The attempt to make ISPs (Internet Service Providers) criminally liable for their users’ breach of name suppression orders is unjust and unworkable.
The Criminal Procedure (Reform and Minimisation) Bill is an omnibus bill that makes significant changes to the New Zealand criminal justice system. In its attempt to reform and streamline, it weakens the right to a jury trial, takes away the right to silence and forces defendants to help the Police make the case against them.
It also changes the law around name suppression. While we support the attempt to make name suppression harder to get, we have serious concerns about the attempt to make ISPs liable for breaches of name suppression online. Read section 216 of the proposed law and then consider some of these questions:
“ISP” is defined to include people who provide Internet as well as anyone who hosts material on a website.
Q. Why do they use the term “ISP” when the definition very clearly shows that anyone who runs a website will be classed as an ISP?
The ISP/website owner is liable to a fine of up to $100,000 if they have ‘reason to believe’ that some material on that website breaches a suppression order.
Q. Is an anonymous email adequate reason to believe? What about email from a stranger? A customer? A lawyer?
Q. Does this mean that the ISP/website owner has a duty to monitor news media to find out what information has been suppressed?
Q. Does this mean that the ISP/website owner must actively monitor user-created content (such as forums) to check for suppressed material?
There is no way to find out what information is suppressed.
Q. If you were about to publish something about a court case and you wanted to know if any of it was suppressed, how would you find out?
Q. If the courts than change the order how will the ISP/website owner know to undelete the material?
Some people have suggesting fixing the bill by creating a register of suppression orders.
Q. Who would be allowed to have access to this register of suppressed information?
Q. If all ISPs/website owners might be liable won’t they all need access to the list? In which case won’t everyone who wants to know who was charged just register as a website owner?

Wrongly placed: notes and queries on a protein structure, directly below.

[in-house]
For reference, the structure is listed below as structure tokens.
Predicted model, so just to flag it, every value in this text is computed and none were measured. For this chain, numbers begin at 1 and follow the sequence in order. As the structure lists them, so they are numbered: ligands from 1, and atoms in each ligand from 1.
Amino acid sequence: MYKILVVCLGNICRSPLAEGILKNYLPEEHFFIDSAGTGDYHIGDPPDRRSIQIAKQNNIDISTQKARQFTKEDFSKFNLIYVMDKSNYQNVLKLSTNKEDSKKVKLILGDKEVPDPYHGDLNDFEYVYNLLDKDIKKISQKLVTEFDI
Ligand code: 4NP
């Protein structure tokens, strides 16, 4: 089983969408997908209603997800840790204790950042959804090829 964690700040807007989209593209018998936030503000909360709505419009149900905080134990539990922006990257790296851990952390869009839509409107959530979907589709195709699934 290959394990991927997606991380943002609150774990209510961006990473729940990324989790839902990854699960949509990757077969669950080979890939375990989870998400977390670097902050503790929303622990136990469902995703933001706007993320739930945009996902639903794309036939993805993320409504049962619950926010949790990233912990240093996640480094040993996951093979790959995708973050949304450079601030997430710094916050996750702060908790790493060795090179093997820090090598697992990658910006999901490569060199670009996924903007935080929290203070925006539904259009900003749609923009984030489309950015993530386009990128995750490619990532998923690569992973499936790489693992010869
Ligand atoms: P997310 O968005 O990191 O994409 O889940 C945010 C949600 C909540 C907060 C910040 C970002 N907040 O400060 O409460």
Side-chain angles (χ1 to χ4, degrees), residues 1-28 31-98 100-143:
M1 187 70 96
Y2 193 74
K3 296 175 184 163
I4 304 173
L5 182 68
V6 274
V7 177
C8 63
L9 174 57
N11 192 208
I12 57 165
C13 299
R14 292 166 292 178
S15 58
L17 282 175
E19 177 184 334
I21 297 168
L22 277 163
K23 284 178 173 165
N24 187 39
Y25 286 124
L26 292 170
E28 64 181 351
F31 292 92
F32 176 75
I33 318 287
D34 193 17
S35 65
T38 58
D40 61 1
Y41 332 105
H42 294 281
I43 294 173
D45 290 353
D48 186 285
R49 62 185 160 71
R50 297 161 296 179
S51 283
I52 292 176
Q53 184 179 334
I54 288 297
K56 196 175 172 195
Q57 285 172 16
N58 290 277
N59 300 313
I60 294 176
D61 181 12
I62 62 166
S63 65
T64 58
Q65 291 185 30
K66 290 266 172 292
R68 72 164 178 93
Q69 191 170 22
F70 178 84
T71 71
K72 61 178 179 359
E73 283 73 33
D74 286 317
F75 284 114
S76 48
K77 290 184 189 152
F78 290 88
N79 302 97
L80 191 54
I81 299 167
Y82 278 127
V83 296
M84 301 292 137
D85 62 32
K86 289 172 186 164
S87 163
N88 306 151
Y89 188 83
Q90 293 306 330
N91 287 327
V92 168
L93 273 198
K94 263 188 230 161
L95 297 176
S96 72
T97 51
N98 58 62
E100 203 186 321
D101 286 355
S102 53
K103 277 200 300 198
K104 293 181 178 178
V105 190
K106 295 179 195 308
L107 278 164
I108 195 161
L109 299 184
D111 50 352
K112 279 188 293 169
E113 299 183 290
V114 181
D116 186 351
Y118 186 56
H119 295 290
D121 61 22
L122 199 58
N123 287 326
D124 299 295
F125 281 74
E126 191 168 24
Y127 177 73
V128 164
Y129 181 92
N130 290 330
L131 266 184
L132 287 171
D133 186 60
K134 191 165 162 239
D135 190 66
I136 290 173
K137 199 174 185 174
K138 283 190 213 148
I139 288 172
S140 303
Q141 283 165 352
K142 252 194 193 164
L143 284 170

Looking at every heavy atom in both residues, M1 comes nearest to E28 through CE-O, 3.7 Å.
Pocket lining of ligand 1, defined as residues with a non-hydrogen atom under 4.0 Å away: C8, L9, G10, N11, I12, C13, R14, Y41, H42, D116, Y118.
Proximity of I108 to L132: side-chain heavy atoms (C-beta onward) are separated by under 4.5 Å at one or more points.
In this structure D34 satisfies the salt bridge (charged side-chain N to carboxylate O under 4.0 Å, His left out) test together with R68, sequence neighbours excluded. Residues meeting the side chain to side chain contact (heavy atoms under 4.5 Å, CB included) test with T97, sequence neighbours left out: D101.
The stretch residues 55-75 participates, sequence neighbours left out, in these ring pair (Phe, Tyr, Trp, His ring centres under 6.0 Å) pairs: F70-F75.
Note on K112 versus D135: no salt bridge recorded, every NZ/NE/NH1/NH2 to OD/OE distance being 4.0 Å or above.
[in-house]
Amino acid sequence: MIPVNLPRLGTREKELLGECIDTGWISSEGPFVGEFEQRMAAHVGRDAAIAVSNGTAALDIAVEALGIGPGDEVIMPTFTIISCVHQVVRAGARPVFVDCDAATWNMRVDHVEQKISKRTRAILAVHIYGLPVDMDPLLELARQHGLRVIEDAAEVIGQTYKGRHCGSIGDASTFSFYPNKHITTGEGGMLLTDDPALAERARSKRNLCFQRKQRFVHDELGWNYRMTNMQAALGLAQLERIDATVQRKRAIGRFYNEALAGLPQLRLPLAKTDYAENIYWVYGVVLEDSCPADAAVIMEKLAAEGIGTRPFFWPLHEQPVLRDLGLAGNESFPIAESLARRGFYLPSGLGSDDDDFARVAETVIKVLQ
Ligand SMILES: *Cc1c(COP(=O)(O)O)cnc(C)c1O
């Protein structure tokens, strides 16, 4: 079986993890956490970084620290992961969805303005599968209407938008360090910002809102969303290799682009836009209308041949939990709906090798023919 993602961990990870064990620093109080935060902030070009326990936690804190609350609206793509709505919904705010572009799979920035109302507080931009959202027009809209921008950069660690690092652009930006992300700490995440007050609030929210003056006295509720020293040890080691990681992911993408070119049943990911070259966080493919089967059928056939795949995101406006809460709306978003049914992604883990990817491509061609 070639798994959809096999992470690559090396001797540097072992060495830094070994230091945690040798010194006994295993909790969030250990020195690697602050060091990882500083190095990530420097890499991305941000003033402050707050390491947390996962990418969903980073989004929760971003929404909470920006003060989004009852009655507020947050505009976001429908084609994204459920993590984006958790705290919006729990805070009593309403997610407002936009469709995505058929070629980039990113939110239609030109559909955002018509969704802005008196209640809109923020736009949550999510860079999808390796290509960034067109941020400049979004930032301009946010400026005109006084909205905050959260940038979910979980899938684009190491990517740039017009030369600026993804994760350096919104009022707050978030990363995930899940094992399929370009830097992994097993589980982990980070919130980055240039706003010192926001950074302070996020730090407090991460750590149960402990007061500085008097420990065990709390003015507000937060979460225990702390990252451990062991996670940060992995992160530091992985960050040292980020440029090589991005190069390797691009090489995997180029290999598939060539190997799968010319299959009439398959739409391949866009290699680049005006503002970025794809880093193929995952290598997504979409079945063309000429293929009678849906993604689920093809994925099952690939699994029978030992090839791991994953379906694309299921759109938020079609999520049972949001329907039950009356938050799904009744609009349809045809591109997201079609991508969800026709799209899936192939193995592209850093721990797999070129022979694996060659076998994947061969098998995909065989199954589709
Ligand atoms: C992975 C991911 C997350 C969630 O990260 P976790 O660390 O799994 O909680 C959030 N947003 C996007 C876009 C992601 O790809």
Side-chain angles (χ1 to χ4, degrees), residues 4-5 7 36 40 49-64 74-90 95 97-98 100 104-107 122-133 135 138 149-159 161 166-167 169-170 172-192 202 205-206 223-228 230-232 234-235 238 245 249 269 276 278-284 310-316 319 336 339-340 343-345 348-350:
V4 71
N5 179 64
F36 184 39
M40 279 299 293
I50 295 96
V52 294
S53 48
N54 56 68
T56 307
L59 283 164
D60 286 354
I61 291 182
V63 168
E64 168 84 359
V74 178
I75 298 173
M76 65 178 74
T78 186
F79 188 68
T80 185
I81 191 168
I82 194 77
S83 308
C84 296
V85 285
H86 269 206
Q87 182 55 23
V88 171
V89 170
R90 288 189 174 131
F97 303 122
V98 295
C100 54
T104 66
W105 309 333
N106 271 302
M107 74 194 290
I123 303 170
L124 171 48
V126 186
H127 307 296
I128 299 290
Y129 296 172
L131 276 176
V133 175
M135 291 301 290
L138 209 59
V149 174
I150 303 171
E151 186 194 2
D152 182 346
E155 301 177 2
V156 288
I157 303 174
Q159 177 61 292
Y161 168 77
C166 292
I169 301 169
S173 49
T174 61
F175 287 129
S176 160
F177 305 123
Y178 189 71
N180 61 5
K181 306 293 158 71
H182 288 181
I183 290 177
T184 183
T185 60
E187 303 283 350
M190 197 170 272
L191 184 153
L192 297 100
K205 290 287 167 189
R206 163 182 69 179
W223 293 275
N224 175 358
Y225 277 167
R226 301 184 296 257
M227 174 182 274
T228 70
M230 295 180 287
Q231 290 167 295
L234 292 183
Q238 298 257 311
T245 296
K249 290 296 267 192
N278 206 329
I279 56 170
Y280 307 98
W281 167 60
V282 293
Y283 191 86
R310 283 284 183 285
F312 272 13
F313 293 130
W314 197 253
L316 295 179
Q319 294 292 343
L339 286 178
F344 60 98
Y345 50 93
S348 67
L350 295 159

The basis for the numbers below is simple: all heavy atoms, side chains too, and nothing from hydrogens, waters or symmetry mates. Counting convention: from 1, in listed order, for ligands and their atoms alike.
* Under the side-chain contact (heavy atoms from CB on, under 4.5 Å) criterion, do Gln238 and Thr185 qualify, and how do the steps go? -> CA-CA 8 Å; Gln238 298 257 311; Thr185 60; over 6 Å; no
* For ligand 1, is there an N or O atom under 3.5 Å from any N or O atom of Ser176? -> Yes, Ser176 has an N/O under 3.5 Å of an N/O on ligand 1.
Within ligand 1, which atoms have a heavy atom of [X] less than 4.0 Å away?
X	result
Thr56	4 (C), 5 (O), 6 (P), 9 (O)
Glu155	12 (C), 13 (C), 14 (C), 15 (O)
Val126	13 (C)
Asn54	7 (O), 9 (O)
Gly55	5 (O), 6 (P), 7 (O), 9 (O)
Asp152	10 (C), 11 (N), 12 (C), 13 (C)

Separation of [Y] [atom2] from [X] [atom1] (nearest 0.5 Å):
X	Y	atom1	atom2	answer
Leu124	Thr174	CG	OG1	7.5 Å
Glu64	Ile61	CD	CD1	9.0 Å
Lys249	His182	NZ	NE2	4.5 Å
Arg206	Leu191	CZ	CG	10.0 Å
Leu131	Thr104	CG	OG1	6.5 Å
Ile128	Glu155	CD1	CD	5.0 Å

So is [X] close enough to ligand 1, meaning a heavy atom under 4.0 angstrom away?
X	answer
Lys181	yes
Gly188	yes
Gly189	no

The ISP/website owner can protect themselves from liability by deleting the material or blocking access to it.
Q. If you were an ISP/website owner and someone accused one of your users of breaching a name suppression order and you were going to be criminally liable if you made the wrong call… what would you do?
Q. Can an article that includes clues to the information breach a suppression order? How much legal training does the average ISP worker or website owner receive?
Q. How is an ISP meant to delete a comment from a customer’s online forum when it might not even have an account on that forum software? Do they have to take down the entire site?
Q. How is an ISP meant to remove an article from a customer’s server they host when they might not even have access to administer the server? Do they have to shutdown the server thereby possibly taking down many websites?
Q. If an ISP/website owner disconnects a customer server, are they liable for damages caused to the customer’s business?
There is no penalty for falsely claiming that information is suppressed.
Q. If you were charged in court and refused name suppression, what’s to stop you sending takedown notices to ISPs saying that you were granted suppression and they need to remove your name from the article?
Q. How would an ISP know if this person was telling the truth or not?
The law has no effect on material hosted overseas.
Q. What’s to stop someone creating suppressednames.blogspot.com and anonymously posting suppressed information there, where the NZ courts couldn’t do anything about it?
Q. Is there any point removing suppressed information considering that it will have already gone out to Twitter, RSS feed readers, the Google cache and other places?
Drop ISP liability from the Bill
We think the proposed law is both technically and legally ridiculous.
- It is unacceptable to force ISPs and website owners to make complex legal decisions about the actions of others at the threat of 6 months jail or a $100,000 fine if they get it wrong.
- It is unacceptable that this Bill will mean that anyone can claim that some information is suppressed and that there is no way for the liable person to check.
We recommend that section 216 of the Criminal Procedure Reform Bill be deleted in its entirety. The ease of publishing in the Internet age may mean that it’s already too late for suppression orders, but as the conviction of Cameron “Whaleoil” Slater shows, current law already provides sufficient protection for the current regime.
Get your submission in by Feb 18th.